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The receptive function of hypothalamic and brainstem centres to hormonal and nutrient signals affecting energy balance


Riediger, Thomas (2012). The receptive function of hypothalamic and brainstem centres to hormonal and nutrient signals affecting energy balance. Proceedings of the Nutrition Society, 71(4):463-477.

Abstract

The hypothalamic arcuate nucleus (ARC) and the area postrema (AP) represent targets for hormonal and metabolic signals involved in energy homoeostasis, e.g. glucose, amylin, insulin, leptin, peptide YY (PYY), glucagon-like peptide 1 (GLP-1) and ghrelin. Orexigenic neuropeptide Y expressing ARC neurons are activated by food deprivation and inhibited by feeding in a nutrient-dependent manner. PYY and leptin also reverse or prevent fasting-induced activation of the ARC. Interestingly, hypothalamic responses to fasting are blunted in different models of obesity (e.g. diet-induced obesity (DIO) or late-onset obesity). The AP also responds to feeding-related signals. The pancreatic hormone amylin acts via the AP to control energy intake. Amylin-sensitive AP neurons are also glucose-responsive. Furthermore, diet-derived protein attenuates amylin responsiveness suggesting a modulation of AP sensitivity by macronutrient supply. This review gives an overview of the receptive function of the ARC and the AP to hormonal and nutritional stimuli involved in the control of energy balance and the possible implications in the context of obesity. Collectively, there is consistency between the neurophysiological actions of these stimuli and their effects on energy homoeostasis under experimental conditions. However, surprisingly little progress has been made in the development of effective pharmacological approaches against obesity. A promising way to improve effectiveness involves combination treatments (e.g. amylin/leptin agonists). Hormonal alterations (e.g. GLP-1 and PYY) are also considered to mediate body weight loss observed in obese patients receiving bariatric surgery. The effects of hormonal and nutritional signals and their interactions might hold the potential to develop poly-mechanistic therapeutic strategies against obesity.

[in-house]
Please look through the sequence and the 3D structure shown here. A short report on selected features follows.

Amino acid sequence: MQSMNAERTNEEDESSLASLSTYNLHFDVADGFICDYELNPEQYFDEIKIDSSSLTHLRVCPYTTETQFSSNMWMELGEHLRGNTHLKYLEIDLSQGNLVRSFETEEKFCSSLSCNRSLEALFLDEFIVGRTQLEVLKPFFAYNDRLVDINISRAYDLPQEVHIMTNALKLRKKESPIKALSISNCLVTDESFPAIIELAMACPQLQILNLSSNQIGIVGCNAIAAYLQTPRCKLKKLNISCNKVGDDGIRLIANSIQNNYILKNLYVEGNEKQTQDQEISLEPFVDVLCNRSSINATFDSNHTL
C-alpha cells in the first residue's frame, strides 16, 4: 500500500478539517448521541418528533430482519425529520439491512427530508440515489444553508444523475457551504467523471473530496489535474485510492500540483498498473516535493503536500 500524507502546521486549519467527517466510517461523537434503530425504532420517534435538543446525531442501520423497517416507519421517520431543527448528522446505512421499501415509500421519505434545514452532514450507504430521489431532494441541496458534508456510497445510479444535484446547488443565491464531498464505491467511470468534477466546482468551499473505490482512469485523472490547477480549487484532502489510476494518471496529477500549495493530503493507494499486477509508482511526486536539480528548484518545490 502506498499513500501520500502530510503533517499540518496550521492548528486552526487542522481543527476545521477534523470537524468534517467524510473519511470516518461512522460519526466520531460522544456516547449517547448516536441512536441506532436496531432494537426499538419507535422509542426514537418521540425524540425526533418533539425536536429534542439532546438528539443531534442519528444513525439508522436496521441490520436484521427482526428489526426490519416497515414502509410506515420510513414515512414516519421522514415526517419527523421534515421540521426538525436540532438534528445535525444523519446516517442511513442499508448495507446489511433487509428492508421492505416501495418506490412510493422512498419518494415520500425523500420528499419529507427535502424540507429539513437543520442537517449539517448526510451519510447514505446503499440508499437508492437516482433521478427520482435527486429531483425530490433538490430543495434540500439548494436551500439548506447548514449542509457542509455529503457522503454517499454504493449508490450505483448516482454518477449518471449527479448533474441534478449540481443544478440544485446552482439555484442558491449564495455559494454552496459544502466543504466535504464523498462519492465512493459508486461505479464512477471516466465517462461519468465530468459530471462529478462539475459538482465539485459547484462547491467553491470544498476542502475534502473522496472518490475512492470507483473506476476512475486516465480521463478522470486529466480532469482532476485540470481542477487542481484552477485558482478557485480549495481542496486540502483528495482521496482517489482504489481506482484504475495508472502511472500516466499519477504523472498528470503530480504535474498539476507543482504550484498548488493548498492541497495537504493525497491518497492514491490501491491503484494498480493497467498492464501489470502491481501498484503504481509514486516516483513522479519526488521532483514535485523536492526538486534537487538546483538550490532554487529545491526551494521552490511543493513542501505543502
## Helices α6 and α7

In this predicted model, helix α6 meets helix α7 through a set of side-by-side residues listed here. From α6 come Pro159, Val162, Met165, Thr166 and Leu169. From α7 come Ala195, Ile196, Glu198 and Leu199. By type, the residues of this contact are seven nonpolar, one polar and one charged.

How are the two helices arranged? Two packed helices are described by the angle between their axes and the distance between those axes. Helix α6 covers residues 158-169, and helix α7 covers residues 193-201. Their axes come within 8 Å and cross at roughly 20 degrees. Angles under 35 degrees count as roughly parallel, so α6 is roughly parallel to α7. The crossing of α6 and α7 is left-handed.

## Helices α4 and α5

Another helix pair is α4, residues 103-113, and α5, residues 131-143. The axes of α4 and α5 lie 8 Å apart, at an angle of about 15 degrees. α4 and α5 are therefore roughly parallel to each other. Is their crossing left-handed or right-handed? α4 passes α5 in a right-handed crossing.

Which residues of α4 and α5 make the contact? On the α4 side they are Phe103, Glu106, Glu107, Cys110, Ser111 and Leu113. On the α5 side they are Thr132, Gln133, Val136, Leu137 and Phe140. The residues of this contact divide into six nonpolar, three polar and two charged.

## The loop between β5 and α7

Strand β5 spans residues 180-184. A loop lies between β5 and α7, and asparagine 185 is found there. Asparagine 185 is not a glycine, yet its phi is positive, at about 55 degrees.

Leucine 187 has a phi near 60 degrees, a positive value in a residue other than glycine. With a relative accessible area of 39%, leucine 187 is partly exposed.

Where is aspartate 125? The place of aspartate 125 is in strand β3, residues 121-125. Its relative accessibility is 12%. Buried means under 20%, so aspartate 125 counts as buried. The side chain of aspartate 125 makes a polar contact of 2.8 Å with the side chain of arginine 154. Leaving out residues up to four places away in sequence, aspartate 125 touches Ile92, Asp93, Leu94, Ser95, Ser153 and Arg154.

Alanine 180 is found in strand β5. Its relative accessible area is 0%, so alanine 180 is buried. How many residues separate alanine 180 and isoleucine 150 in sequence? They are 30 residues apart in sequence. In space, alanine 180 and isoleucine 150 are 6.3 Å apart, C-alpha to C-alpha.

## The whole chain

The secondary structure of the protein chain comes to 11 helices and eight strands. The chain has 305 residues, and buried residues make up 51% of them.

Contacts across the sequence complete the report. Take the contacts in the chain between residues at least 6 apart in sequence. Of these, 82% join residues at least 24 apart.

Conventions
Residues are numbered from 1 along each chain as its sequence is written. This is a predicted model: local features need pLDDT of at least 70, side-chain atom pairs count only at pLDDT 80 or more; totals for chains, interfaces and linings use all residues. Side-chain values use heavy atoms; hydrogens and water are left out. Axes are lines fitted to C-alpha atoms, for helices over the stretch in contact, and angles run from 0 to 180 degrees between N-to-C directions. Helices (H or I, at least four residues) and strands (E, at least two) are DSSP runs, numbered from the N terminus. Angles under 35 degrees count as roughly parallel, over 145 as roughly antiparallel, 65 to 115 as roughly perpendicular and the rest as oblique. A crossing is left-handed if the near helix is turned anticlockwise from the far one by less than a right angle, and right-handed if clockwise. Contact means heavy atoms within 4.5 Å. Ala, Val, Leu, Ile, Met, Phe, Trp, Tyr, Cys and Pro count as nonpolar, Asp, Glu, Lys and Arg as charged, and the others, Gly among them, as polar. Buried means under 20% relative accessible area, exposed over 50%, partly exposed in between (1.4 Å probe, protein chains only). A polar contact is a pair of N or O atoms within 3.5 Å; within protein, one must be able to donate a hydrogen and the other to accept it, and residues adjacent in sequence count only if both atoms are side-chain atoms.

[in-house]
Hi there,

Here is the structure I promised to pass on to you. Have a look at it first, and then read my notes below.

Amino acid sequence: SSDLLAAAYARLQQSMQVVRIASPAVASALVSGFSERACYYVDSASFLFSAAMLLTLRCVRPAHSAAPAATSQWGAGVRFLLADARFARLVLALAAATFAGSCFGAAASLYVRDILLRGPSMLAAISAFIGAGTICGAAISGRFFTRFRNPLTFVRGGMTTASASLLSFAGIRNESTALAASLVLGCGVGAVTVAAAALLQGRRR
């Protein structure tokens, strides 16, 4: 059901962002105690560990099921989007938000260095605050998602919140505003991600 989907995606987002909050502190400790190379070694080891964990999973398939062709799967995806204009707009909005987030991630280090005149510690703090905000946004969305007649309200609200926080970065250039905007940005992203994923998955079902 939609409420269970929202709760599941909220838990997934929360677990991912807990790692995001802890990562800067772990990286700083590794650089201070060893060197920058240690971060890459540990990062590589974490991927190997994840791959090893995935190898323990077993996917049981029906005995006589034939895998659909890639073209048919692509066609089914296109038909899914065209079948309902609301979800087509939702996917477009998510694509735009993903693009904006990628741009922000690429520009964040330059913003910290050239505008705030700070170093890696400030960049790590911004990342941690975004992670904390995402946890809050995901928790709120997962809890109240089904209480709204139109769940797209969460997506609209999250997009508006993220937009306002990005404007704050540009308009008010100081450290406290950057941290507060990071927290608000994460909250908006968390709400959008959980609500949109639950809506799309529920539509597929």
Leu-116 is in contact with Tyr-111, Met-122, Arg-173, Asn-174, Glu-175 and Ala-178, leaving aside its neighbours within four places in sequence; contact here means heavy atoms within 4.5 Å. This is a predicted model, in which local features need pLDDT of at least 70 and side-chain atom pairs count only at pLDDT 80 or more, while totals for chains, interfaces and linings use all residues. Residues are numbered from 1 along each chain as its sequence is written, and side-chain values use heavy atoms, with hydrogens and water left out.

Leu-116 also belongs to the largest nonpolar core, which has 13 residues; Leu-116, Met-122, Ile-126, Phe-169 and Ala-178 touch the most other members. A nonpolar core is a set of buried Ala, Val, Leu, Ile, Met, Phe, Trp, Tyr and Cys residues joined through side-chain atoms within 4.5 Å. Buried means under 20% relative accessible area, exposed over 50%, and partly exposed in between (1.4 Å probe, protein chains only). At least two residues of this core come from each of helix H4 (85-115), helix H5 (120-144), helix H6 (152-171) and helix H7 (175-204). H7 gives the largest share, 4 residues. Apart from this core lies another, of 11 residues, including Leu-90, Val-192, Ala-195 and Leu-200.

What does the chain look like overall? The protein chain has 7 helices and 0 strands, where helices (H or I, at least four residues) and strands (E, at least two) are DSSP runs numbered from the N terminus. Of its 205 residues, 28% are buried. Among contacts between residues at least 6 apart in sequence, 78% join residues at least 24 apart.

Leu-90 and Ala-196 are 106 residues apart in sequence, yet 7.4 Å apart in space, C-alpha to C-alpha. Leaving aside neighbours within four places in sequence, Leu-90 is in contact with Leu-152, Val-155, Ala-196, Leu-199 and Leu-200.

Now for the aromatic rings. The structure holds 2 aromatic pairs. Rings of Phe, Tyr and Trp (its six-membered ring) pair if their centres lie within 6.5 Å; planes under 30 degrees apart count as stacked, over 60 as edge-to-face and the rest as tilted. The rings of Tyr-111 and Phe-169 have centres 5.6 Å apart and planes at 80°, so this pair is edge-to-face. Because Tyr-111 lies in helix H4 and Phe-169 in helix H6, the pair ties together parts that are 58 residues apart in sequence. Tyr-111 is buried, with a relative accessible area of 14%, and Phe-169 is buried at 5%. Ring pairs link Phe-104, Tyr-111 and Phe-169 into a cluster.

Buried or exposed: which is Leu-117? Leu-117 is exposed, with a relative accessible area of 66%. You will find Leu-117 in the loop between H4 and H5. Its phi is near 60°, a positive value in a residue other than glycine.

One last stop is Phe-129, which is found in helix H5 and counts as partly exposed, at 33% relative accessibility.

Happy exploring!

Abstract

The hypothalamic arcuate nucleus (ARC) and the area postrema (AP) represent targets for hormonal and metabolic signals involved in energy homoeostasis, e.g. glucose, amylin, insulin, leptin, peptide YY (PYY), glucagon-like peptide 1 (GLP-1) and ghrelin. Orexigenic neuropeptide Y expressing ARC neurons are activated by food deprivation and inhibited by feeding in a nutrient-dependent manner. PYY and leptin also reverse or prevent fasting-induced activation of the ARC. Interestingly, hypothalamic responses to fasting are blunted in different models of obesity (e.g. diet-induced obesity (DIO) or late-onset obesity). The AP also responds to feeding-related signals. The pancreatic hormone amylin acts via the AP to control energy intake. Amylin-sensitive AP neurons are also glucose-responsive. Furthermore, diet-derived protein attenuates amylin responsiveness suggesting a modulation of AP sensitivity by macronutrient supply. This review gives an overview of the receptive function of the ARC and the AP to hormonal and nutritional stimuli involved in the control of energy balance and the possible implications in the context of obesity. Collectively, there is consistency between the neurophysiological actions of these stimuli and their effects on energy homoeostasis under experimental conditions. However, surprisingly little progress has been made in the development of effective pharmacological approaches against obesity. A promising way to improve effectiveness involves combination treatments (e.g. amylin/leptin agonists). Hormonal alterations (e.g. GLP-1 and PYY) are also considered to mediate body weight loss observed in obese patients receiving bariatric surgery. The effects of hormonal and nutritional signals and their interactions might hold the potential to develop poly-mechanistic therapeutic strategies against obesity.

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Additional indexing

Item Type:Journal Article, refereed, original work
Communities & Collections:04 Faculty of Medicine > Center for Integrative Human Physiology
05 Vetsuisse Faculty > Institute of Veterinary Physiology
Dewey Decimal Classification:570 Life sciences; biology
610 Medicine & health
Language:English
Date:2012
Deposited On:22 Feb 2013 10:07
Last Modified:05 Apr 2016 16:32
Publisher:Cambridge University Press
ISSN:0029-6651
Publisher DOI:https://doi.org/10.1017/S0029665112000778
PubMed ID:22931748

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